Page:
At first glance, you might ask what an '88 T-bird is doing in the pages of your favorite Mustang mag. Well, part of our name is & Fast Fords. Plus, this generation Thunderbird flies the Fox-platform flag, with the biggest difference being the 4-inch longer wheelbase and loads of factory options Mustang owners could only dream about back in the day.
Steve Taliadouros realized the similarities when he decided to transplant a Mustang-born, bullet-proof five-oh into this T-bird Turbo Coupe. Once the turbo four-banger was removed, a full tubular front suspension was on order. A K-member from QA1, a set of D&D Motorsports A-arms, and coilovers at all four corners would manage the new weight issues that emerged from doubling the cylinder count. Since Sunday cruising is the main course for fun with drag racing as dessert, Steve chose Lakewood 70/30 struts for the front and 50/50 shocks for the rear road damping.
Unlike the Mustangs of the same vintage, the Fox T-bird was available with four-wheel disc brakes. This made a Wilwood Dynalite four-piston caliper with cross-drilled slotted rotors an easy upgrade. Ford's GT-40 crate engine with the GT-40X aluminum heads was Steve's choice for power, with an E303 camshaft option for great horsepower increases above 2,500 rpm. The 0.498-inch lift, 220-degree duration bump-stick would be a shoe-in for the forthcoming supercharger that was next on the agenda.
The factory crate engine needed an intake and ignition system to top off the package. Steve's chosen components would include a Holley SysteMAX intake manifold and a 70mm throttle body. With a projected 14-15 psi of boost in the cards, a 77mm Pro-M mass air meter calibrated to a set of MSD Ignition 50-lb/hr injectors set the stage for up to 700 hp.
Since this 'Bird would see many leisurely flights around New Hampshire, a three-core intercooler and loads of engine-cooling goodies would rank high on the priorities list. The intercooled ProCharger P-1SC blower is polished and equipped with the 12-rib upgraded pulley kit. An aluminum Griffin radiator not only aids in keeping engine temperatures down, but helps displace some of the extra weight added via the supercharger. A Meziere electric water pump and dual Flex-a-lite low-profile puller fans help keep things from boiling over. The fans are controlled by a variable speed controller that senses the coolant temperature and sets the fan speed 60-100 percent, reducing current load spikes, depending on the thermostat setting of 155-220 degrees. It can also direct the fan to run 30 seconds after the vehicle is turned off.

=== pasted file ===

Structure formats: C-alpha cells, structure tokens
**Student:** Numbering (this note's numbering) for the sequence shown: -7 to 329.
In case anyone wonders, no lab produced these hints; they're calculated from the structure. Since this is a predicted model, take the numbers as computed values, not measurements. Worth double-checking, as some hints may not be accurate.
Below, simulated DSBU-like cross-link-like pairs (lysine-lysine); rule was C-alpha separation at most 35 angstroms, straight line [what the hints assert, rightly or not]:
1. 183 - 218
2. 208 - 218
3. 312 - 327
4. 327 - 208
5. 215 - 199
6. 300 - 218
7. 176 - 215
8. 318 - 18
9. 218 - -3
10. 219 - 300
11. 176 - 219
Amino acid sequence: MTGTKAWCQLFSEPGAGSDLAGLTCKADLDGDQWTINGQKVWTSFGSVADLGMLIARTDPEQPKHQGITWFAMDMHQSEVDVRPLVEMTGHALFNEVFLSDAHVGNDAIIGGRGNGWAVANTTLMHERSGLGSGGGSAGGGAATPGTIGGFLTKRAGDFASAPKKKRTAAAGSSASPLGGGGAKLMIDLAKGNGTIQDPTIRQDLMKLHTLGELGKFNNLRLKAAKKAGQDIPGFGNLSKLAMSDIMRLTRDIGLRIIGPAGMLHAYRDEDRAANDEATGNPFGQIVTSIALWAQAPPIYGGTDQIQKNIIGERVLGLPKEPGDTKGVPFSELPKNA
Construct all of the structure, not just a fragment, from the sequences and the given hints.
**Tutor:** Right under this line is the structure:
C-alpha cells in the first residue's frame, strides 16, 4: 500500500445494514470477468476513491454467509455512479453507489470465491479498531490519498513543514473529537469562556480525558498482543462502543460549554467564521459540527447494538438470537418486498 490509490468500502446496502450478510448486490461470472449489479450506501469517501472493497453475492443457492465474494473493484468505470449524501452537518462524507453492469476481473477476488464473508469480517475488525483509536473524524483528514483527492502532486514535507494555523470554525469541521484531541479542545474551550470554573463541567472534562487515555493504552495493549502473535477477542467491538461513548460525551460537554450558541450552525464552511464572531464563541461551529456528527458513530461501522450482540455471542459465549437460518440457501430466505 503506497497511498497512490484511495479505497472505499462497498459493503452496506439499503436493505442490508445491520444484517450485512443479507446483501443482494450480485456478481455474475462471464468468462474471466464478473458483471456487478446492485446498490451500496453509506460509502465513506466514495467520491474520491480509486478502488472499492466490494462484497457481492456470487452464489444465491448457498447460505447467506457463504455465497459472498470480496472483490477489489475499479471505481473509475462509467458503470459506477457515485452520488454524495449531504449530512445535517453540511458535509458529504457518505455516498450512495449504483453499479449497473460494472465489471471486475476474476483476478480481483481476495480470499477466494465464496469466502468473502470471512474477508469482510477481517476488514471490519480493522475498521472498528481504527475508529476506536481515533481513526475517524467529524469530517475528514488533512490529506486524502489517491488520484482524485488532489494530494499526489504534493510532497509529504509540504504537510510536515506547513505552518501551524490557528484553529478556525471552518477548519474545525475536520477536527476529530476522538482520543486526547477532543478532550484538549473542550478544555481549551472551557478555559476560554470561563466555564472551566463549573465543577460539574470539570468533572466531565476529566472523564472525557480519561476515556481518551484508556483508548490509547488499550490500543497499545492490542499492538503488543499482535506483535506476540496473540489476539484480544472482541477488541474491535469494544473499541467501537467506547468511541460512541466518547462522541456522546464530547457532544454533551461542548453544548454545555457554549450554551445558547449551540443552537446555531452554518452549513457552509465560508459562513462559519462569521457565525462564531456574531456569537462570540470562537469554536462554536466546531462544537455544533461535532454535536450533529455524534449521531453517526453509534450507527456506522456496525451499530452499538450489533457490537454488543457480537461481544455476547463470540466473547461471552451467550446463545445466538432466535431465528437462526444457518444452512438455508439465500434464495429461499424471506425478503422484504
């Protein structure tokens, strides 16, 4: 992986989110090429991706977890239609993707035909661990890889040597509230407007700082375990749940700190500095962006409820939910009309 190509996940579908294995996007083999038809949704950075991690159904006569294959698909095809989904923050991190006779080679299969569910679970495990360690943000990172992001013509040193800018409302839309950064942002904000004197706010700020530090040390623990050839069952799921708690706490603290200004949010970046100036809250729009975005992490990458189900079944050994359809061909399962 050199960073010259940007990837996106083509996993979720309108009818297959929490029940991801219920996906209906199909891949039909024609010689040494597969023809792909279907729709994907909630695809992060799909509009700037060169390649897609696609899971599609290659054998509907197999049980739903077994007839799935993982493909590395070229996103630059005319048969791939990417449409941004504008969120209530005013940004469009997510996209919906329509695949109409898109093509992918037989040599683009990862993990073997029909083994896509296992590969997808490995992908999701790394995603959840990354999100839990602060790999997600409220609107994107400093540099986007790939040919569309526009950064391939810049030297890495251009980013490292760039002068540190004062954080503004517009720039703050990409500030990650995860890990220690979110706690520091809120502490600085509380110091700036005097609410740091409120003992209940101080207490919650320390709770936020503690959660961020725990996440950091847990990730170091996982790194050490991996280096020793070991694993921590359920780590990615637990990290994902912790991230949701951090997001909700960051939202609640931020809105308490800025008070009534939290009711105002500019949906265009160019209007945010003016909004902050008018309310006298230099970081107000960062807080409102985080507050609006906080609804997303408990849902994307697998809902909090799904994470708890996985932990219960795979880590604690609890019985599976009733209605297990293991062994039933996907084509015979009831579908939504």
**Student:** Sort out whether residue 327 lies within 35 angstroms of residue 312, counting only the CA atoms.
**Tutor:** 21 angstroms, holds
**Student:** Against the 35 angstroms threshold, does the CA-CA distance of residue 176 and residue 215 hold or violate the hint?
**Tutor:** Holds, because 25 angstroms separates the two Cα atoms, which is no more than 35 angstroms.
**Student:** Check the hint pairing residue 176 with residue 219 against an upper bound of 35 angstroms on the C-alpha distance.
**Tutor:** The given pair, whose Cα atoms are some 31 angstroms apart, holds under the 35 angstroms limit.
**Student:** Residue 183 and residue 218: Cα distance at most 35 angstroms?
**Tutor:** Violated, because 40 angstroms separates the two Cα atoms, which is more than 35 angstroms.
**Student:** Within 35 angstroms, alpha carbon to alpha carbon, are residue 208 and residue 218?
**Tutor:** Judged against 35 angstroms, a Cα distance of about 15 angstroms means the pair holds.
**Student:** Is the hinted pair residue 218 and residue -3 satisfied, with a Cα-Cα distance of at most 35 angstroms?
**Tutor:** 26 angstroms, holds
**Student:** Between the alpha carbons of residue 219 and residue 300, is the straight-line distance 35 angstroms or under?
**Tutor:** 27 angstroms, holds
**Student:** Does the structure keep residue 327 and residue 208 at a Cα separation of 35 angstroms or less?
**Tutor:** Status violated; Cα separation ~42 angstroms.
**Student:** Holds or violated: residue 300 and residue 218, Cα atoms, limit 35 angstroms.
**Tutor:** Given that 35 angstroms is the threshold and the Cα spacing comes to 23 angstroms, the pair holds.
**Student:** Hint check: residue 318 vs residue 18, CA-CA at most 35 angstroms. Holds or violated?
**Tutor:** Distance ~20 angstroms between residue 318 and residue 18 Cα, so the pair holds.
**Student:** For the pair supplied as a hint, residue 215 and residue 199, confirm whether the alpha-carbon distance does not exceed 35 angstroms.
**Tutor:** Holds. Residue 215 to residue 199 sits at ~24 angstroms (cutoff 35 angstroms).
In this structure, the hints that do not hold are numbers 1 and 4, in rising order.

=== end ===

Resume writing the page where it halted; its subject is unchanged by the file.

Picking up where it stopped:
The fuel system is one of Aeromotive's combinations. An A1000 inline fuel pump protected by pre and aft filters, regulator, fuel rails, and a maze of AN-08 braided stainless steel lines carry out the delivery to the combustion chambers. In addition, the stock fuel tank was traded for a 22-gallon sump-type fuel cell from Summit.
The powerful 'Bird produces a full 475 hp and 480 lb-ft of torque at the rear wheels. Steve enjoys every one of them by stirring a Tremec 3550 five-speed transmission (coupled with a set of 4.10 gears). His best 11.70 e.t. came in late 2005 at an impressive 124 mph.
A pair of Aeromotive fuel rails and 50-lb/hr fuel injectors from MSD add the octane to the
Although the custom rollbar that Steve installed himself is not NHRA legal, it does add to
The OZ Competitions custom aluminum wheels were treated to a gleaming triple chrome platin
The immaculate interior boasts a full set of Auto Meter gauges. The stock dashboard was gu